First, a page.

Netflix’s Ma Rainey’s Black Bottom is pure art, just as beautiful as it is heartbreaking.
More than its gorgeous costumes and shots of a bustling 1927 Chicago, though, the film shows how Black folks of the time—and even today—navigate the power struggles that white structures create: through laughter, through art, through masked strategies.
The film adaptation of the August Wilson play of the same name is unsurprisingly a cinematic masterpiece with a commanding Viola Davis as Ma Rainey, a dancing and singing Chadwick Boseman (in his final role) as her trumpet player Levee, and a stellar cast of other co-stars—all wrapped up in the working city.
Ma Rainey is part of Wilson’s series known as The American Century Cycle, a set of ten plays chronicling African American life in different decades, and is the only play in the series that features a historical figure. A decade after Wilson’s death in 2005, his estate entrusted Denzel Washington to bring the plays to life. His work on Ma Rainey as one of its producers comes on the heels of the acclaimed adaptation of Fences, in which he and Viola Davis both starred.
Ma Rainey is also the only play in the series set in Chicago. In 1927, Chicago was just eight years removed from the Chicago race riot of 1919, and the Great Migration of Black people moving to northern cities like Chicago had been happening for about a decade. Although the structures of white supremacy in Chicago looked different from those in the south, they were still very much prevalent, and that tension is what the film’s characters walk into when they arrive in the city for a recording session.
Most of the film takes place in Hot Rhythms Recording, run by a white man named Sturdyvant (Jonny Coyne). We get to know the band while waiting on Ma Rainey to arrive to the studio: Cutler (Colman Domingo) is Ma’s trustworthy band leader and trombonist who is tasked with keeping everyone in line, Toledo (Glynn Turman) is the older piano player who wants Black people to look beyond just having fun, Slow Drag (Michael Potts) is a quiet bassist, and Levee has his sights set on being a star himself.
In a small room in the basement of a studio, the men tell stories and joke and poke fun at each other, especially the ambitious Levee who continues to talk about the new shoes he just spent a week’s worth of pay on, how big of a star he’ll be, how he’ll get his own band, and how Sturdyvant, the studio owner, wants some of his songs—songs he says are so good that he can “set them down in the people’s lap.”
Yet, there’s trauma and hurt behind Levee and his strong desire to be famous—just as famous as Ma with his own band and his own records. In this role, Chadwick Boseman shines with strong monologues and a fierceness that often turns into aggression. Levee’s back and forth of emotions fail to mask the pain that drives him. Instead of pushing him to rise, the tension causes him to snap, the catalyst for an eventual breakdown.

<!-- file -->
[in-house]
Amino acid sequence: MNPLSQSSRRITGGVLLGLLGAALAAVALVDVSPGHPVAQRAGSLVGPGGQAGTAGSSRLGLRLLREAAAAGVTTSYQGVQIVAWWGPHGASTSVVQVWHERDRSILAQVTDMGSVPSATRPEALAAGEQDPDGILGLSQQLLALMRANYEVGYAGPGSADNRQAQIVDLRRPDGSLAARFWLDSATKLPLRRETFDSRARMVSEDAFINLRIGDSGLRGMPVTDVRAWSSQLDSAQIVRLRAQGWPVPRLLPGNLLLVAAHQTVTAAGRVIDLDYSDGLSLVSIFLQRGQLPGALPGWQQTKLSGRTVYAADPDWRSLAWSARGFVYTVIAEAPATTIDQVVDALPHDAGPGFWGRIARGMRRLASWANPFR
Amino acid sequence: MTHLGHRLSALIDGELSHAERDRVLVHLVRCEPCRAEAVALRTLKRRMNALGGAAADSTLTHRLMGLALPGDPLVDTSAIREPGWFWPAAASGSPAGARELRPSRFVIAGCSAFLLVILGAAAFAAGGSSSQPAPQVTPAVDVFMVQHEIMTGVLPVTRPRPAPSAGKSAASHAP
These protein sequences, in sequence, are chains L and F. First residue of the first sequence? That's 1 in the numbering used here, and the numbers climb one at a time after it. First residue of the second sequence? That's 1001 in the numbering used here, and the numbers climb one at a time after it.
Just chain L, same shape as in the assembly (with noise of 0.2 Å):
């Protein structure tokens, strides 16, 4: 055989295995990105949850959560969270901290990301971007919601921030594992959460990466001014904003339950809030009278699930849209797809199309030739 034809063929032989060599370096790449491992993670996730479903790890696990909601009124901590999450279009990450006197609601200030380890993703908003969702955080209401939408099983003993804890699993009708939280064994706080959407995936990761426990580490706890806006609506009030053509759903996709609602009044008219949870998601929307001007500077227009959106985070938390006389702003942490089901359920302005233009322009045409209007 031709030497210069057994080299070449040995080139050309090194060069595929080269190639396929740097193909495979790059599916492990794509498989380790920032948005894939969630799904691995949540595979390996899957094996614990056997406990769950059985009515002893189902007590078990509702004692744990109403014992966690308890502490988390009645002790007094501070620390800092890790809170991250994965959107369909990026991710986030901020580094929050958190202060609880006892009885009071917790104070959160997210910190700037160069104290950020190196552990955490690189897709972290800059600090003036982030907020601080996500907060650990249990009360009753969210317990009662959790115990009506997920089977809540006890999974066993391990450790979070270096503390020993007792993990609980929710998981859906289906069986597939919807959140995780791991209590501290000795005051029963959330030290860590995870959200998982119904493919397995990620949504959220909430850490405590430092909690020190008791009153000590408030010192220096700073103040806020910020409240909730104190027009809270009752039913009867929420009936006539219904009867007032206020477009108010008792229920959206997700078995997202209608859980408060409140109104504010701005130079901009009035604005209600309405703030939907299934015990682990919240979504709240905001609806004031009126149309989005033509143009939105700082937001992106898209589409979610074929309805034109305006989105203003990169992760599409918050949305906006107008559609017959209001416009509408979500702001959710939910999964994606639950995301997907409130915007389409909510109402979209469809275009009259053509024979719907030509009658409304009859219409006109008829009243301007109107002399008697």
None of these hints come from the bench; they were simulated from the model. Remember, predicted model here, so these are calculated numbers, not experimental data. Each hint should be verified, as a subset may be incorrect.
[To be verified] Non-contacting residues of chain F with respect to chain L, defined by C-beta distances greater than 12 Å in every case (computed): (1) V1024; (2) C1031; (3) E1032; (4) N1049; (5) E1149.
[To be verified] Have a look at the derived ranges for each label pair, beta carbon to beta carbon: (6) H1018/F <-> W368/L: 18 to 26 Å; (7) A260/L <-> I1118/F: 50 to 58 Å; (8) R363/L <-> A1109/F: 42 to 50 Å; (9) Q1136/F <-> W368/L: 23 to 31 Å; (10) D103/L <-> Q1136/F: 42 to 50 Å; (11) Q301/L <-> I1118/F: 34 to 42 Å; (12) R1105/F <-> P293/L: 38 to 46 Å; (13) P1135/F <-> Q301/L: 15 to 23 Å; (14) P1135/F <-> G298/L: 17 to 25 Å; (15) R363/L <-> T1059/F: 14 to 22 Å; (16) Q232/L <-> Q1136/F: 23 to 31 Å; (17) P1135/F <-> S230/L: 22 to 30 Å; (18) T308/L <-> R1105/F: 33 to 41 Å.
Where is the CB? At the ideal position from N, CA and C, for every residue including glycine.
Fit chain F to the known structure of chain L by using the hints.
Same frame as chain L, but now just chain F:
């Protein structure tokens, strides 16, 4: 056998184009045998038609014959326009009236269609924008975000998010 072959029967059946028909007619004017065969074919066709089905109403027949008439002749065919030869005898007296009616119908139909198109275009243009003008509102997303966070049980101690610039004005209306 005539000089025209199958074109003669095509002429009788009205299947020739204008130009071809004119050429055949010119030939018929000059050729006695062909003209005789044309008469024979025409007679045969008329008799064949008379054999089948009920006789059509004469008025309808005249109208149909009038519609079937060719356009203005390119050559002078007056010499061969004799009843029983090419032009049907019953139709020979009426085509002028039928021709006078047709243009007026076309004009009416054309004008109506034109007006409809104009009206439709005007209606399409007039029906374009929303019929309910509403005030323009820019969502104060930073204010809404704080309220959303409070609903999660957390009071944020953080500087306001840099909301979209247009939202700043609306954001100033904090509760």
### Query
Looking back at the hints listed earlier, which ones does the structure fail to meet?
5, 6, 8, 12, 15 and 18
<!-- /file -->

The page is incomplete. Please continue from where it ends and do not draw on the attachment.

How Levee handles his disappointments, caused by the systems that white power allows, shows how powerless he ultimately feels. The very people who want better for Levee end up being the recipients of his rage. In this case, it’s his band members: fellow Black men who are also fighting the very same structural inequities that he is facing. Levee may be a young man, but he reverts to a childlike temperament when confronted with news he doesn’t like—the very real trauma from his youth taking a toll on his current actions.
As a bona fide star, Ma is having her own struggles, although initially, she seems to transcend limitations placed on her at the time as a Black queer woman. She has her own car, and when her nephew Sylvester (Dusan Brown) gets into a car accident pulling up to the studio, Sturdyvant is able to pay the policeman to make it go away. She is openly affectionate with her young girlfriend, Dussie Mae (Taylour Paige). And, even though she was over an hour late for her recording session, she still stops recording until she can get the Coke she was promised and also forces her nephew’s way into a song.
But Ma knows that everything goes her way as long as white people want something from her. She comments that even her manager Irvin (Jeremy Shamos) has never invited her to his house unless it was to sing. “They don’t care nothing about me,” she says. “All they want is my voice.” So until they get what they want, she decides, she’s going to force them to treat her exactly how she wants to be treated.
In her role, Viola Davis shines, her presence dominating the screen. But Davis also ensures we get a peek behind Ma’s veil. It is hard work being a boss, making demands and sticking to them. And we see the rare times where almost everyone leaves the room and Ma relaxes, her exhaustion setting in before she has to turn back on the intensity and again take control of the room. Without this control, Ma knows she can be taken advantage of, that she can drown under the pressure of a system set up for people like her to fail, that once she loses that control, she can’t get it back.
Unlike the much younger Levee, Ma knows and understands that when it comes to the entertainment industry—infamously known for using and abusing Black talent—the game is the game. The difference is how you play it. v